A total of six men and a woman, aged between 17 and 28, and three teenagers, aged 16, have been arrested for their suspected involvement in the recent spate of banking-related malware scam cases. Another two men and two women, aged between 20 and 49, are assisting in the investigations, following an island-wide anti-scam enforcement operations conducted between 28 August and 8 September 2023.
Over the course of two weeks, officers from Commercial Affairs Department (CAD) and Police Intelligence Department (PID) mounted simultaneous island-wide operations and arrested the 10 persons. Preliminary investigations revealed that the six men and a woman, and the three teenagers, had allegedly facilitated the scam cases by relinquishing their bank accounts, Internet banking credentials and/or disclosing Singpass credentials for monetary gains.
Since January 2023, the Police have received increasing number of reports of malware being used to compromise Android mobile devices, resulting in unauthorised transactions made from the victims’ bank accounts, even when they have not divulged their Internet banking credentials, One-Time-Passwords (OTPs) or Singpass credentials to anyone. In these cases, the victims responded to advertisements (e.g., on cleaning services, pet grooming, food items such as seafood and groceries, etc.) on social media platforms like Facebook. They were then instructed by the scammers to download Android Package Kit (APK) from non-official app stores to facilitate the purchase, which led to malware being installed on their mobile devices. Subsequently, the scammers convinced the victims via phone calls or text messages to turn on accessibility services on their Android phones. This weakened the phones’ security, allowing scammers to take full control of the victims’ phones. As a result, the scammers could log every keystroke, steal banking credentials stored on the phones, remotely log access victims’ banking apps, add money mules as payees, raise payment limits and transfer money to money mules. The scammers can further delete SMS and email notifications related to these bank transfers to cover their tracks.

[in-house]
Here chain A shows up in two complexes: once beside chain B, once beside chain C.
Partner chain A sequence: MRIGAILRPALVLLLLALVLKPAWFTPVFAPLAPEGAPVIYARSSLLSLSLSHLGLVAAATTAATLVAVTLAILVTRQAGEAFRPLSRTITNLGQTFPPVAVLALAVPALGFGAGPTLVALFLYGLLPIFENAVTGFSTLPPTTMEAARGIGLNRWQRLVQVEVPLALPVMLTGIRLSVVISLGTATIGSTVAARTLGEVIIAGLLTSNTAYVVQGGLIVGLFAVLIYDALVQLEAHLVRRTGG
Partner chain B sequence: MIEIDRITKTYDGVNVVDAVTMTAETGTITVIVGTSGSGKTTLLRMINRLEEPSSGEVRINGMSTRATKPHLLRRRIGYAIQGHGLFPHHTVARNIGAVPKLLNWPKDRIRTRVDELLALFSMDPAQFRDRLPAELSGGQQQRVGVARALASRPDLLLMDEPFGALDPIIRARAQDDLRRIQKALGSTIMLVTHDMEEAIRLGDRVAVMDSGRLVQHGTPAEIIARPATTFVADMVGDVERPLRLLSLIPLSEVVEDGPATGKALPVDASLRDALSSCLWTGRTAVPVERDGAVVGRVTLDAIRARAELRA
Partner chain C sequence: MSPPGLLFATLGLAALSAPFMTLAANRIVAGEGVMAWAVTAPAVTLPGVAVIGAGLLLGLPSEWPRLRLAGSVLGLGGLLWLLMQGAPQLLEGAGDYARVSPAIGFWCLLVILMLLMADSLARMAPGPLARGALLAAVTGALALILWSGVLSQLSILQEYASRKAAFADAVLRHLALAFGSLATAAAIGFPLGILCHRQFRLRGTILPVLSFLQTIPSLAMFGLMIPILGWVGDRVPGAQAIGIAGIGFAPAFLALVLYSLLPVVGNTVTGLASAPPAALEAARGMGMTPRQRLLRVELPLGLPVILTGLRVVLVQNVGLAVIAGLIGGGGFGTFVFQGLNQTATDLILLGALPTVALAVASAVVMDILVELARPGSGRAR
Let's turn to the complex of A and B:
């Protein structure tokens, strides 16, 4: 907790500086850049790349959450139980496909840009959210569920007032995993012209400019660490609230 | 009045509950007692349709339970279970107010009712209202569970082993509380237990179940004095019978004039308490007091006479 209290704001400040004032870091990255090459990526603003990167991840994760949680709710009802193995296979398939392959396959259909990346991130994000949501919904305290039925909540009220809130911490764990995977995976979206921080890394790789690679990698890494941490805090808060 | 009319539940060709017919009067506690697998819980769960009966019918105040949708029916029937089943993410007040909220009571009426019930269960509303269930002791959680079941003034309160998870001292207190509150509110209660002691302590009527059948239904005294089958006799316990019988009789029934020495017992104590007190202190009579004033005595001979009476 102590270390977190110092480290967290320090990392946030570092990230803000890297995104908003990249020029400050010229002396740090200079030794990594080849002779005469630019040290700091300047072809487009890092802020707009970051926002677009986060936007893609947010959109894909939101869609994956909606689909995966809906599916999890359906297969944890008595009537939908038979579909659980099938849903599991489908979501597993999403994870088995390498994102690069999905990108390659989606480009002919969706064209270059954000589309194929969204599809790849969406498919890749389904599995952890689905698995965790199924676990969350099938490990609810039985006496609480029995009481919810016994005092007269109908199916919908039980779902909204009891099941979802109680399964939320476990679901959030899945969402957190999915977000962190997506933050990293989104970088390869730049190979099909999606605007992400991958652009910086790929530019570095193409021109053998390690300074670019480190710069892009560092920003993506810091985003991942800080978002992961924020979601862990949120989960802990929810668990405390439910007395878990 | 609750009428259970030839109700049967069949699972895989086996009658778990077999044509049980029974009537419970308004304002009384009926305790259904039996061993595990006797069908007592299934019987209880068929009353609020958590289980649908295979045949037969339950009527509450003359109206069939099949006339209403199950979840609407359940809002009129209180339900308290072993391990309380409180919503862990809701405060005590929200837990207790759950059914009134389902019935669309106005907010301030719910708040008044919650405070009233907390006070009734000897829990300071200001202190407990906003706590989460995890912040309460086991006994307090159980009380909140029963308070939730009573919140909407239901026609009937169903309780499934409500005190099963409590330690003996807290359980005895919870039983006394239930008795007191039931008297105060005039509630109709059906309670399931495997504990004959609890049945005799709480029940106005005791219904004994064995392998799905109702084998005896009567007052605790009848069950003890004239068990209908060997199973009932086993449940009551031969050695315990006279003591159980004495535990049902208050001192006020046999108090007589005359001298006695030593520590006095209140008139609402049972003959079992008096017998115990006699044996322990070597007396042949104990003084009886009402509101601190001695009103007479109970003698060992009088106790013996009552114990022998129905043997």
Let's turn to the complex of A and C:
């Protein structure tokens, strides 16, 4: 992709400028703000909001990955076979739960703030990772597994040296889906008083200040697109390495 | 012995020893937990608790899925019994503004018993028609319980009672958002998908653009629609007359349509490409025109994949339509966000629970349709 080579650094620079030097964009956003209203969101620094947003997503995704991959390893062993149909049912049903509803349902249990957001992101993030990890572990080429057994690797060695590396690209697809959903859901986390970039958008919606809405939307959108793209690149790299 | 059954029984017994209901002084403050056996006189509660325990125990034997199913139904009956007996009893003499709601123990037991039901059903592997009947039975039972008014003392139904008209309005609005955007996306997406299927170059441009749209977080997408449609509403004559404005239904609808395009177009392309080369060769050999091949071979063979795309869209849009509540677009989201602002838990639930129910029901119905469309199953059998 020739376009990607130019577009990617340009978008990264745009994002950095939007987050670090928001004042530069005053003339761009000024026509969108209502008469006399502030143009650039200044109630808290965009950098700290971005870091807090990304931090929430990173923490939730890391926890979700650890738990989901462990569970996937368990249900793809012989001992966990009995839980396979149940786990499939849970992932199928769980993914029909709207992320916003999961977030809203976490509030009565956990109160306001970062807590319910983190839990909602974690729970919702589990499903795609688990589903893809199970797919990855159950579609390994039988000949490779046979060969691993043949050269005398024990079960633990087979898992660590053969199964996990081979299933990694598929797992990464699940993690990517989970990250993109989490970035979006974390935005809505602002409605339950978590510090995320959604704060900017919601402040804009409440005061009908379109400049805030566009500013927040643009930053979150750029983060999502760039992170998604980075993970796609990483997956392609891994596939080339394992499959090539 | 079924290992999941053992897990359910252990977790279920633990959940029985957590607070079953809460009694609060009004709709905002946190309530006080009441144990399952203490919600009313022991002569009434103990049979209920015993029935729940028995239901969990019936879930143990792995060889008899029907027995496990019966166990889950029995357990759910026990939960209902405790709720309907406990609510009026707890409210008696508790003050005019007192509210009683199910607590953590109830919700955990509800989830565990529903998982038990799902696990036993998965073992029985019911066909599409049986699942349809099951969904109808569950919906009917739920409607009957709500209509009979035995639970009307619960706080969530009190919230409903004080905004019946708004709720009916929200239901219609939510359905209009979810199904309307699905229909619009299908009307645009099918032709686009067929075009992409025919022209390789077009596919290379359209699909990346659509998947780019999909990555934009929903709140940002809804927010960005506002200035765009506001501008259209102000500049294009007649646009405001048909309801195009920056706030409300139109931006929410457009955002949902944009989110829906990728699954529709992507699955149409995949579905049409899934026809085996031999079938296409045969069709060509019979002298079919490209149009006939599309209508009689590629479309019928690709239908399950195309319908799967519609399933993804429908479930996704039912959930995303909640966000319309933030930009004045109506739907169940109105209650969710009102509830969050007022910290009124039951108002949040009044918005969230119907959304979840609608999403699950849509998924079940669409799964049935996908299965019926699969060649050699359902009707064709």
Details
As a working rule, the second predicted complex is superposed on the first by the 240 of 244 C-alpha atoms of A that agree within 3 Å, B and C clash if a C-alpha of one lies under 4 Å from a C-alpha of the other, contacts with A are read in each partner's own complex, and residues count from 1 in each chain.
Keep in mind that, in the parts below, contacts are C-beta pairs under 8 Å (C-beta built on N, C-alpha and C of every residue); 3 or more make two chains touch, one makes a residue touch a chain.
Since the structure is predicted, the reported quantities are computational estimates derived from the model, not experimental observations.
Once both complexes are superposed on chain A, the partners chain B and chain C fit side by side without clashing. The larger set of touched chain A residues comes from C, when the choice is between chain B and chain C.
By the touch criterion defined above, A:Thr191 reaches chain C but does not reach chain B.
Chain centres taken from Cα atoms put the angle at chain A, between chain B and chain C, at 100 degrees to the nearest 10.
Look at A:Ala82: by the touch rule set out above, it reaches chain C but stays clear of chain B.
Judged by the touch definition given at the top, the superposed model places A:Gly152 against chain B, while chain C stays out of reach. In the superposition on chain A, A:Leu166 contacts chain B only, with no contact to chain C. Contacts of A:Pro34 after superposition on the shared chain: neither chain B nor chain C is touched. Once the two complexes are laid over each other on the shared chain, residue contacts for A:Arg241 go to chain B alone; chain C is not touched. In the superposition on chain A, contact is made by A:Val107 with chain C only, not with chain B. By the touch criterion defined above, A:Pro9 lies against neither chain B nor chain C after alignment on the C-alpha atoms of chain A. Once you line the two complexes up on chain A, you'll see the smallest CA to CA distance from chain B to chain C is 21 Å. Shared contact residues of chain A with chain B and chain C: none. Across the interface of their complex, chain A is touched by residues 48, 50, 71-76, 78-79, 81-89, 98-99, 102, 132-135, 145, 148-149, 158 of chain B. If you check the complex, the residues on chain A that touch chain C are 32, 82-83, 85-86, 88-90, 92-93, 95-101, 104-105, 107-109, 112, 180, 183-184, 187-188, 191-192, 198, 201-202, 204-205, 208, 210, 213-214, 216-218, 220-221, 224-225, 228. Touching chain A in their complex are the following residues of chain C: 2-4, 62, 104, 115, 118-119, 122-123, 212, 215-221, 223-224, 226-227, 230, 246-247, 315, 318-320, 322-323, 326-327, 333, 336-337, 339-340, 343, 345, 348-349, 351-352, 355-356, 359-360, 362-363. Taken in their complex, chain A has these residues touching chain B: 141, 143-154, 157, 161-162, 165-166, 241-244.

Police investigations are ongoing. The offence of acquiring benefits from criminal conduct under Section 54(5)(a) of the Corruption, Drug Trafficking and Other Serious Crimes (Confiscation of Benefits) Act 1992, carries an imprisonment of up to 10 years, a fine of up to $500,000, or both. For deceiving the banks into opening bank accounts that were not meant for their own use and relinquishing their bank account login details, they are liable under Section 417 read with Section 109 of the Penal Code 1871 and Section 3(1) of the Computer Misuse Act 1993 respectively. The offence of cheating under Section 417 of the Penal Code 1871 carries an imprisonment term of up to three years, or with a fine, or both, while the offence under Section 3(1) of the Computer Misuse Act 1993 carries a fine of up to $5,000, or an imprisonment term of up to two years, or both. For disclosing their Singpass credentials under Section 8 of the Computer Misuse Act 1993, they are liable to an imprisonment term not exceeding three years, a fine of up to $10,000, or both.
Advisory Against Downloading of Malicious Apps
The Police would like to remind members of the public that they should not click on suspicious links, scan unknown QR codes, or download mobile apps from third-party websites or unknown sources. These unverified apps may contain malware, which can severely compromise the security of mobile devices. Instead, members of the public are reminded to only download apps from official app stores. Before downloading any app, check the number of downloads and user reviews. Always be wary of any requests for Singpass and banking credentials or money transfers and attractive offers that sound too good to be true. Lastly, members of the public are advised to turn on security settings, such as disallowing installation of apps from unknown sources, to help protect their devices.
The Police will spare no effort to track down cybercriminals responsible for banking-related malware incidents and will continue to take tough enforcement actions against those who flout the law. To avoid being an accomplice in these crimes, members of the public should always reject seemingly attractive money-making opportunities promising fast and easy pay-outs for the use of their Singpass accounts, bank accounts, or for allowing their personal bank accounts to be used to receive and transfer money for others. The Police would like to remind members of the public that individuals will be held accountable if they are found to be linked to such crimes.
For more information on scams, members of the public can visit www.scamalert.sg or call the Anti-Scam Helpline at 1800-722-6688. Anyone with information on such scams may call the Police Hotline at 1800-255-0000 or submit information online at www.police.gov.sg/iwitness. All information will be kept strictly confidential.
SINGAPORE POLICE FORCE
09 September 2023 @ 5:05 PM